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By Brian Keepers
“You cannot heal what you do not first acknowledge.” – Richard Rohr
The images that flash on the television screen are jarring. Men with shaved heads and torches, hate in their eyes, shouting “Blood and soil!” A vehicle plowing into a crowd of people, killing a young woman and injuring dozens more. A black woman strapped to a gurney, crying. A mob caught on video, beating a black man senseless. I stand there frozen and in disbelief.
Then a faint voice behind me: “Dad?”
I turn around. It’s my youngest daughter. She’s nine years old. She’s sitting on the couch. I didn’t see her sneak into the living room. How long has she been sitting there? How much did she see?
Instinctively, I hit the button on the remote and the T.V. blinks off. I don’t want her to see it (a luxury my skin color affords–to just turn the images off). But it’s too late.
“Dad?” she says again. “What’s happening?” There is fear in her eyes. She starts to cry. I move toward her and put my arm around her on the couch. She looks up at me. She’s still scared.
“Where was that?”
“Charlottesville, Virginia.” I say.
“Is that far away from here?” She wants reassurance.
“Yes,” I say. “It’s very far away from here.”
“Are you sure?”
“Yes, I’m sure.”
But is it? Is it really? Is it far away from any of us?
In my predominantly white Midwest town, there are not visible white hoods. No one is carrying torches. But is it far away? Prejudice, racism, bigotry? Not in such extreme and repulsive forms as Charlottesville (I think). But is it really far away?
It’s in my own heart. I don’t want it to be, but it is. We’re dishonest with ourselves if we can’t name this. Is it really far away? The line dividing good and evil cuts through every human heart, said Solzhenitsyn.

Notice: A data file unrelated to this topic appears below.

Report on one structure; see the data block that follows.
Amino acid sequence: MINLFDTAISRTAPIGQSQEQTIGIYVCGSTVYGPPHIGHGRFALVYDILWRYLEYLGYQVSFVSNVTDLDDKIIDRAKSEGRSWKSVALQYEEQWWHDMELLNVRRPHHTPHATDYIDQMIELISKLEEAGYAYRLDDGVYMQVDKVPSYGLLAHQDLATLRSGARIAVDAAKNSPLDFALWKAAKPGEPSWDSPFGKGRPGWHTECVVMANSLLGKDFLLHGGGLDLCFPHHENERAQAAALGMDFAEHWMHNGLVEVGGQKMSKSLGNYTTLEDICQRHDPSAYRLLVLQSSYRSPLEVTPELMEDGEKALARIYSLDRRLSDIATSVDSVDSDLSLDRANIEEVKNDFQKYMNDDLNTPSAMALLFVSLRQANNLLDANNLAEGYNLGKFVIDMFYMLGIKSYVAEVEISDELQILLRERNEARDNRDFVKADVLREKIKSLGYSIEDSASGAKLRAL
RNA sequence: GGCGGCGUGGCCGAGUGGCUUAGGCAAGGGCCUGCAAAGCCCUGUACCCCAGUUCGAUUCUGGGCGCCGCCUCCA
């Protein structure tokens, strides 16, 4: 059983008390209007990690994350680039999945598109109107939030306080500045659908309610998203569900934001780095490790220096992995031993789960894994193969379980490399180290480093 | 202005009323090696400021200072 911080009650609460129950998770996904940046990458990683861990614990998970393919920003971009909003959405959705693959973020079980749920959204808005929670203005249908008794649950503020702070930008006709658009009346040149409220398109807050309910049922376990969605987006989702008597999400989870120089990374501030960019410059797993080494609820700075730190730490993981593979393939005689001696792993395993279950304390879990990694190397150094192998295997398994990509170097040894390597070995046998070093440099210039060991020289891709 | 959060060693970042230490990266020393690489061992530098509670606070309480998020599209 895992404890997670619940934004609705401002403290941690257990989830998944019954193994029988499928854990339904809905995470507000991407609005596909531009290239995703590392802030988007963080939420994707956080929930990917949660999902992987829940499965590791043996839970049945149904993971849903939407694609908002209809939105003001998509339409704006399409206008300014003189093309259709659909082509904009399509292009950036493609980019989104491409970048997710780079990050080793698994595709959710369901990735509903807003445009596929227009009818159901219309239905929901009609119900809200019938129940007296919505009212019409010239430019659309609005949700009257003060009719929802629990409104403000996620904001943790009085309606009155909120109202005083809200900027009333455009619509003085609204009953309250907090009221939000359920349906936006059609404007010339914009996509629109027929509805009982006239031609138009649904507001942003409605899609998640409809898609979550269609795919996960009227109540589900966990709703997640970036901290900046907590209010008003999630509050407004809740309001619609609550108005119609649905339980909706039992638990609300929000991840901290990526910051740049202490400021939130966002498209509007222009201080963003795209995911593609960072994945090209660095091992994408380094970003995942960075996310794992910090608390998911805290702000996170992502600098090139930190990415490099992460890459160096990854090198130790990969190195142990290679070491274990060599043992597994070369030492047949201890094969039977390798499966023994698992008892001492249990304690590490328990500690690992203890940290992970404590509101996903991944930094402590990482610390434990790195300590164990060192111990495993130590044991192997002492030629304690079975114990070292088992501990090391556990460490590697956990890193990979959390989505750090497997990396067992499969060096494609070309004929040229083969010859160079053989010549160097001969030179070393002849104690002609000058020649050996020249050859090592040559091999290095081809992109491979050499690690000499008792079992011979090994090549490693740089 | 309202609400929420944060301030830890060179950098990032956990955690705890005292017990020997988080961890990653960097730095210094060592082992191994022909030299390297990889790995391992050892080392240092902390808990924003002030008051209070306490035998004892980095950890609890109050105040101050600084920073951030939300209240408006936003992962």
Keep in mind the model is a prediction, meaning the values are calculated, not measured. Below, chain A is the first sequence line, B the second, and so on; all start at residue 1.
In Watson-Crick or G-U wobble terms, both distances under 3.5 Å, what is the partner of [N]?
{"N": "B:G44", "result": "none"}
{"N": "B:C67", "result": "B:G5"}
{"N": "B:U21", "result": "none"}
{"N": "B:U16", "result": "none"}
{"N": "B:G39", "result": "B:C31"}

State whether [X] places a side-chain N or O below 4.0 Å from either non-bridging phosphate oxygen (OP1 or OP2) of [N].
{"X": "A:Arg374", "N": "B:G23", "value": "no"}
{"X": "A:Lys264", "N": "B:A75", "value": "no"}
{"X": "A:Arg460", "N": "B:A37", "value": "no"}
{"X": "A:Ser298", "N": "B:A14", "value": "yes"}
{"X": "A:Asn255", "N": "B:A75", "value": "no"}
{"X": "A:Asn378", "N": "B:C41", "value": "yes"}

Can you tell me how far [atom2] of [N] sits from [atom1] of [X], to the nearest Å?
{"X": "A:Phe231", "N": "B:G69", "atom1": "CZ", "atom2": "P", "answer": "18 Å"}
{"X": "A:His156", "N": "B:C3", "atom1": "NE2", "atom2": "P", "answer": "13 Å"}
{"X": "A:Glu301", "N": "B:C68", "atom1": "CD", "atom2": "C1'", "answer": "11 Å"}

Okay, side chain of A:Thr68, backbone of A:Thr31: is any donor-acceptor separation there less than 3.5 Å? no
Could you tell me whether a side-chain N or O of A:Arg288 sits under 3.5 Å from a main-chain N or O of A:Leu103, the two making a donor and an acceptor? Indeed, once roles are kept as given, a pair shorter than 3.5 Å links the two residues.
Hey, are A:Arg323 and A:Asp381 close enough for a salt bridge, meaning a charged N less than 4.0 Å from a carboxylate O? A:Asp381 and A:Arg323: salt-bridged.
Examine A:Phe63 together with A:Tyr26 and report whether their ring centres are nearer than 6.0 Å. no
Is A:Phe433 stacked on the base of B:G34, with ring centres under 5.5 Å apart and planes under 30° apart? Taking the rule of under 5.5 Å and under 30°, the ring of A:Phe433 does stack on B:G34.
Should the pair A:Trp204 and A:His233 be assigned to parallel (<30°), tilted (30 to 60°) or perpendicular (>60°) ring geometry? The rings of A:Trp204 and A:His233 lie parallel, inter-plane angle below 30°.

“Dad?” her voice again pulls me out of my thoughts. “Will things be okay?”
“Yes,” I try to sound confident. Do I tell her I’m scared too? I need to say something. “Love wins out,” I say. “Love always wins out. This is why Jesus calls us to be a people of love. And now is a time when it will be really important for us to show his love.”
“Are you sure, Dad? Are you sure that love wins out?”
“Yes, I’m sure.” And I pull her close. I say it less out of confidence, truth be told, and more out of a stumbling hope. The words rise up and come out of my mouth before my heart believes them. I realize that I’m speaking them not just for her, but for myself. It is both my prayer of confession and my promise—a call to faithful living, to courageous witness.
Is it ever really far away? No, it’s too close. Hate, fear, racism, prejudice. God give us the humility and courage to see it and to name it, in all its subtlety and disguise. Beginning with ourselves.
But neither is love far away. Neither is the One who embodies love, whose name is love, who dwells among us and offers another way. God give us the courage to see and name that too. And then to speak and live it.
Let us not tire of preaching love,
it is the force that will overcome the world.
Let us not tire of preaching love.
Though we see the waves of violence
succeed in drowning the fire of Christian love,
love must win out; it is the only thing that can.
- Oscar Romero, Archbishop of El Salvador (d.1980)
Brian Keepers is the lead pastor of Trinity Reformed Church in Orange City, Iowa.